The project

Life Claw > The project

The project in a nutshell

Life Claw is a project to conserve and enhance the stock of the endangered crayfish Austropotamobius pallipes in North-Western Apennine area of the Italian regions Emilia Romagna and Liguria, by a long-term conservation programme.

It is coordinated by Ente Parco nazionale dell’Appennino tosco-emiliano and the duration is 4 years (October 2029-September 2023).

It will carry out conservation actions which include the breeding of juvaniles of A. Pallipes to be reintroduced, the restoration of crayfish habitat, the sanitary control to avoid the spread of the crayfish plague, the construction of artificial barriers and the trapping of invasive alien crayfish in order to limit their spread.

In parallel, communication and awareness-raising activities will be carried out to spread the themes of the project and encourage sustainable behaviours.
During all the project duration, stakeholders will be involved in order to build a participatory process.

It is expected to reduce of 60% the invasive alien crayfish populations after trapping activities, to restore 33 kiolometers of waterways sections and to release 10.500 rared hatchery- juveniles of A. pallipes.

The context

The main species directly targeted by the project is the cray fish Austropotamobius pallipes (Lereboullet, 1858) listed in Annexes II and V under the EU Habitats Directive. Native populations of A. pallipes have undergone a remarkable contraction and decline over the last 50 years on a widespread basis in Europe (Souty-Grosset et al. 2006, Atlas of Crayfish in Europe).

In Italy the decline has been about 74% over the last 10 years (Holdich et al. 2009, KMAE). This species is also listed as ‘endangered’ by the IUCN (Füreder, 2013). Residual populations of A. pallipes are now confined to small high gradient streams and headwater, where the crayfish IAS have not yet expanded and the habitat is less influenced by human activities (Ghia et al. 2013, Freshw Crayfish).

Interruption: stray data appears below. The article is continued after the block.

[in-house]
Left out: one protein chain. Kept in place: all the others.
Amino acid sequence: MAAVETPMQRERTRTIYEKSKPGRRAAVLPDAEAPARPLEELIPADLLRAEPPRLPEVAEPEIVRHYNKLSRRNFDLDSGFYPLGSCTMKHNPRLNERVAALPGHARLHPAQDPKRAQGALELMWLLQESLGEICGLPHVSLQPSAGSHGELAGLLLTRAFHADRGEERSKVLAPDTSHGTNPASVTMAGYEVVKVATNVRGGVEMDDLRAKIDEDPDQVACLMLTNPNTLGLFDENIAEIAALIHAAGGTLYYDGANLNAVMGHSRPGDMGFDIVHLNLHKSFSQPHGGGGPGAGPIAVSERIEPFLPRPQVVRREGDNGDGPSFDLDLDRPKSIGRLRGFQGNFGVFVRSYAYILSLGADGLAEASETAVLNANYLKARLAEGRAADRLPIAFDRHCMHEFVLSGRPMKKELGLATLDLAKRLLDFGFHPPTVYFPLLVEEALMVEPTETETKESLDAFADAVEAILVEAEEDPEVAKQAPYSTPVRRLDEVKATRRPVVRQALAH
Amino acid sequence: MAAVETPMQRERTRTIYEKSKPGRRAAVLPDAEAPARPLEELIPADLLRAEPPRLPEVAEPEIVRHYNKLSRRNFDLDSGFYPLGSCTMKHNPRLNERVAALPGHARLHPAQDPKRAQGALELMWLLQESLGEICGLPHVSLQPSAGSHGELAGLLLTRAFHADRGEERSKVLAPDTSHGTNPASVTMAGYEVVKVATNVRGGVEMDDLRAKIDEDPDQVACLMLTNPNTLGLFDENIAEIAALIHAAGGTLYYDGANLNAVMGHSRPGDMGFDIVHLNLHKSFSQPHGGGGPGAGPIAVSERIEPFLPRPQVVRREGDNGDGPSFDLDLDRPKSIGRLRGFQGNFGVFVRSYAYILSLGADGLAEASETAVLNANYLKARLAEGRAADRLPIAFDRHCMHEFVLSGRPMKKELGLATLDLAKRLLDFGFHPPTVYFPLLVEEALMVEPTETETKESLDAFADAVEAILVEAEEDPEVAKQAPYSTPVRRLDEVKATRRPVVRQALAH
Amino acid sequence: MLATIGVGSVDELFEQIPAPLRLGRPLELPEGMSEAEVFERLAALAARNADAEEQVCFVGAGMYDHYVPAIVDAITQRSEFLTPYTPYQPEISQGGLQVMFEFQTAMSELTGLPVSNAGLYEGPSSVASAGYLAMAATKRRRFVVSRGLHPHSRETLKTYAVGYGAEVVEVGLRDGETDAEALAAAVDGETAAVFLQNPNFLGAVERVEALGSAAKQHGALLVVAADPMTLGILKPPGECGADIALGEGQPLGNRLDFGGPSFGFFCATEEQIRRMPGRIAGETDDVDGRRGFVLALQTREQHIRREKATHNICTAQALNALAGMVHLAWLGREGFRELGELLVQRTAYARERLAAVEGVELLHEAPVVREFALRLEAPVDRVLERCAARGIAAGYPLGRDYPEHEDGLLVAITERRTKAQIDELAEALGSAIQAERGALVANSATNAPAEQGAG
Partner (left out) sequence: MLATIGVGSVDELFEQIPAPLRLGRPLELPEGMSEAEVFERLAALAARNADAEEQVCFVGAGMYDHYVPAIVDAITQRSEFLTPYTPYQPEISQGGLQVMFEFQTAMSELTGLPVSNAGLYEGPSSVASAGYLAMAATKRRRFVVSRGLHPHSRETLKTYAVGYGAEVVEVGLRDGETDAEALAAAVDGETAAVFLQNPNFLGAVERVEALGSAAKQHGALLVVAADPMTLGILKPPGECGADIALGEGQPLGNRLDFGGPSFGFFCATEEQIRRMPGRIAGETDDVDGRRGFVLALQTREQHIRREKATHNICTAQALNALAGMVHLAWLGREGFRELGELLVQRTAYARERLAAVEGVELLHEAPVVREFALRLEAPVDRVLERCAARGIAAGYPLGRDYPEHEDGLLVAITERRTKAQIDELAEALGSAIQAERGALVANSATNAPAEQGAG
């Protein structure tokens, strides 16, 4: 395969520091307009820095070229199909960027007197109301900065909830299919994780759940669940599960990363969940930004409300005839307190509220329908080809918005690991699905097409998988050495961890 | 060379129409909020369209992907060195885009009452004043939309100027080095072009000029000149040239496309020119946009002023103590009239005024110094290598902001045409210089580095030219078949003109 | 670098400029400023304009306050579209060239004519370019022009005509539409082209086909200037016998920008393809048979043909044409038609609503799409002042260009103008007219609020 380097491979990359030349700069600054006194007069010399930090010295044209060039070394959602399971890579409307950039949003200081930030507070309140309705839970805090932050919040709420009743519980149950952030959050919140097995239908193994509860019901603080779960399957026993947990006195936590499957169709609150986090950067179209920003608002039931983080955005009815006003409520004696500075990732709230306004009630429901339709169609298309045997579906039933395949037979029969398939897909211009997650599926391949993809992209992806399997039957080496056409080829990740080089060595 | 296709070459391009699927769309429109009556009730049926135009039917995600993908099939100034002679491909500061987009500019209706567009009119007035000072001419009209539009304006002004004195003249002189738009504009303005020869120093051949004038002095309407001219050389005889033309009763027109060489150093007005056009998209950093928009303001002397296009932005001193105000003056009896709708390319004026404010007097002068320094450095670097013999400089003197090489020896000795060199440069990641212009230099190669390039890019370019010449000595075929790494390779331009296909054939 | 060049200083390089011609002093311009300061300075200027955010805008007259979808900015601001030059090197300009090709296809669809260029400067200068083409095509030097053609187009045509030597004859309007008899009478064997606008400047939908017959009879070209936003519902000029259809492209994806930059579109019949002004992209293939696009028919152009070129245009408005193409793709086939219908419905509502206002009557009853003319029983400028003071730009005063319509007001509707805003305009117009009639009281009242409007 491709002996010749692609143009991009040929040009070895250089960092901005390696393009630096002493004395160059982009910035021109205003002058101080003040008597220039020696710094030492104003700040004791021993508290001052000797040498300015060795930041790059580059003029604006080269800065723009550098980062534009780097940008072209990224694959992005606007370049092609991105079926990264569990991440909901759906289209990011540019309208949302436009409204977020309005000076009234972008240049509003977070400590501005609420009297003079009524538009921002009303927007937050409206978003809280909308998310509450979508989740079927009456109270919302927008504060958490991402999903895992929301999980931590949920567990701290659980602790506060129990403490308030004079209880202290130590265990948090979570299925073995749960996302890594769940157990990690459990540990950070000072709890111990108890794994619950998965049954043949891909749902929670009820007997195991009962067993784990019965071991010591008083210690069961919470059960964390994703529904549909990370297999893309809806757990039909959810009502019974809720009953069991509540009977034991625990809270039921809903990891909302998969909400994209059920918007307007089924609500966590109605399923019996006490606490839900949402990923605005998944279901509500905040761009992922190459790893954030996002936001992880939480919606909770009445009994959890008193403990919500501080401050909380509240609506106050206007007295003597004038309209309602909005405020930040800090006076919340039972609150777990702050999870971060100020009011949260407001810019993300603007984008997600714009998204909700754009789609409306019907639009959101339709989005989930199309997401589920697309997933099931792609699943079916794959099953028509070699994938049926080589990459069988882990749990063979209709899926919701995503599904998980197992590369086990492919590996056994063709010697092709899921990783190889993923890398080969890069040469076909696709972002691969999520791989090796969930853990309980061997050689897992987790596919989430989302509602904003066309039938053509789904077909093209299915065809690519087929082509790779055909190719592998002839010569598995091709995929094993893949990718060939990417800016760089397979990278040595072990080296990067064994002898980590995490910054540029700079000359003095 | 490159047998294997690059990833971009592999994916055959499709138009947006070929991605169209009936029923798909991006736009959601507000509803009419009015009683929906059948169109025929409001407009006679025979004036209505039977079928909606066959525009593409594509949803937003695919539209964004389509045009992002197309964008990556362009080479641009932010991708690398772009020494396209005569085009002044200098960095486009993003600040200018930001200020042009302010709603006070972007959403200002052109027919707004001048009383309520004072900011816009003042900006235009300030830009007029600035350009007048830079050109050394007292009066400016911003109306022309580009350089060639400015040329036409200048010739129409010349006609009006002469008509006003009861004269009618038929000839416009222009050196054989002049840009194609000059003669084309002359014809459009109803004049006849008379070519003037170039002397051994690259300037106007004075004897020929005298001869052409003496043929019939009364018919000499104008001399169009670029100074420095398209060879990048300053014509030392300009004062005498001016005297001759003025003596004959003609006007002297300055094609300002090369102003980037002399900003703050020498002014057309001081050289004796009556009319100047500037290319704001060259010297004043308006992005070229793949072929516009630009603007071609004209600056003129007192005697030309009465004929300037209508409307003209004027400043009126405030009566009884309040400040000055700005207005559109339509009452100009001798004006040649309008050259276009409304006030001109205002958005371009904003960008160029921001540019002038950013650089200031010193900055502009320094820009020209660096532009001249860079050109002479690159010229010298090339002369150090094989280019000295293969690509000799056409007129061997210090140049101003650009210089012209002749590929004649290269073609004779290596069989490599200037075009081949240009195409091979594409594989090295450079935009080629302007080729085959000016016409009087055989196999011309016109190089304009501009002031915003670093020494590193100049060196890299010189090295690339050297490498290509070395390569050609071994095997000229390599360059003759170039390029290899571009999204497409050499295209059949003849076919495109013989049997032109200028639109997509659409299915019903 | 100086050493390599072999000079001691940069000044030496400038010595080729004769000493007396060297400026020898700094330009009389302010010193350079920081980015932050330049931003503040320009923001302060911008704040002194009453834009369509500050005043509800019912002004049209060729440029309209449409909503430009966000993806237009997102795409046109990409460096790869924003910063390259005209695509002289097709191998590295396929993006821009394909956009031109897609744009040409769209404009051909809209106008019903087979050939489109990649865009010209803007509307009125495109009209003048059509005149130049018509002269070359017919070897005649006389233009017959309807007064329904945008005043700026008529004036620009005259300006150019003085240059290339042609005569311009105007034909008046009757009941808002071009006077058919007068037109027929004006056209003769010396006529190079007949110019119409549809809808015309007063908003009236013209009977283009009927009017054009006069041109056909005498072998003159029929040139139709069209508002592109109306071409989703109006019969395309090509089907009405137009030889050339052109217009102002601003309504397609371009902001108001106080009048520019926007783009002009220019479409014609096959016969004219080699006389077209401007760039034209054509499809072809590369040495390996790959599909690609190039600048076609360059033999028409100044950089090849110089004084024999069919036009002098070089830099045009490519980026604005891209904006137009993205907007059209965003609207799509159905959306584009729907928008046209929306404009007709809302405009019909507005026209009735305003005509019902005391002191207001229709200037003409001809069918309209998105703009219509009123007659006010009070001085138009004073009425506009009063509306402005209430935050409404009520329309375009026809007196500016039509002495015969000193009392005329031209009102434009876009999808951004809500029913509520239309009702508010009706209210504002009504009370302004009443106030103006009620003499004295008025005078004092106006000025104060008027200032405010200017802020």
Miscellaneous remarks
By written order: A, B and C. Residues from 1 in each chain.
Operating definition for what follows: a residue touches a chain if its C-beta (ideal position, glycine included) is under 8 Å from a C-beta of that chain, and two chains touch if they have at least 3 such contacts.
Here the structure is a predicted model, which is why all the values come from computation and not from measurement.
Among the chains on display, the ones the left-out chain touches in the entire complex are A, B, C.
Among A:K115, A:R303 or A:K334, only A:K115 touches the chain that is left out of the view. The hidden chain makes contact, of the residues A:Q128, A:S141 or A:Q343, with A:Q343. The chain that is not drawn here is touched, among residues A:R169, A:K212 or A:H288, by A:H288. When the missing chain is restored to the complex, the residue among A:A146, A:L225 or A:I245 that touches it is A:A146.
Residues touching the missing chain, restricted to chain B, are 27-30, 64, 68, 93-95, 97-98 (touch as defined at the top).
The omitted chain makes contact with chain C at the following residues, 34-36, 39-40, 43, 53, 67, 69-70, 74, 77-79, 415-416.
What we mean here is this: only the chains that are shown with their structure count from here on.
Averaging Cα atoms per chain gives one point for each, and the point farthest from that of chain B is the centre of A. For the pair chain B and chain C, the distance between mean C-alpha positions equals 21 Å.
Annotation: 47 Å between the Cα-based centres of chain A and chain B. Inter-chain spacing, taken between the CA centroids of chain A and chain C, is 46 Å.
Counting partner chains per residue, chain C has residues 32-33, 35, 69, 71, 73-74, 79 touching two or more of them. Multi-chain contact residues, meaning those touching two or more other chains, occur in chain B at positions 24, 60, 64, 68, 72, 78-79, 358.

These populations are nowadays isolated reproductive units, often confined to single mountain streams or to separate basins. The conservation status for A. pallipes populations in the Italian continental biogeographic region (including north-Western Apennine) has been reported as “unfavourable-inadequate” and in “considerable decline”, thus with a negative trend in the short term (Genovesi et al. 2014, ISPRA).

However, northwestern Italy is a hotspot for A. pallipes where high nucleotide diversity was detected and different groups overlap (Trontelj et al. 2005, Mol Phylogenet Ev.). So, conservation strategy for A. pallipes in northern Italy, must take into account the complexity of the biogeographic pattern and the progressive isolation of local demes (Bernini et al. 2016, Conserv Genet).

In the project area, according to the 2014 Natura 2000 SDFs and Specific Measures of Conservation (MSC) the species is still present in 24 out of 28 sites. An estimation of 50 A. pallipes populations is plausible, but often they are relict, appear low-density and are confined to small streams.

Quantitative data are deficient within the overall project area. For the first time in Italy, 2 newly established populations of the invasive cold-water crayfish Pacifastacus leniusculus have been recently detected within project site “Lago del Brugneto” (IT1331019), placed at the headwater of Trebbia river basin (1.070 km2), and at the edge (about 3 km) of the site “Rocca dell’Adelasia” (IT1322304) (Capurro et al. 2007, Aquat Invas; Bo et al. 2016, Natural Hist Sci); both sites still host some residual A. pallipes.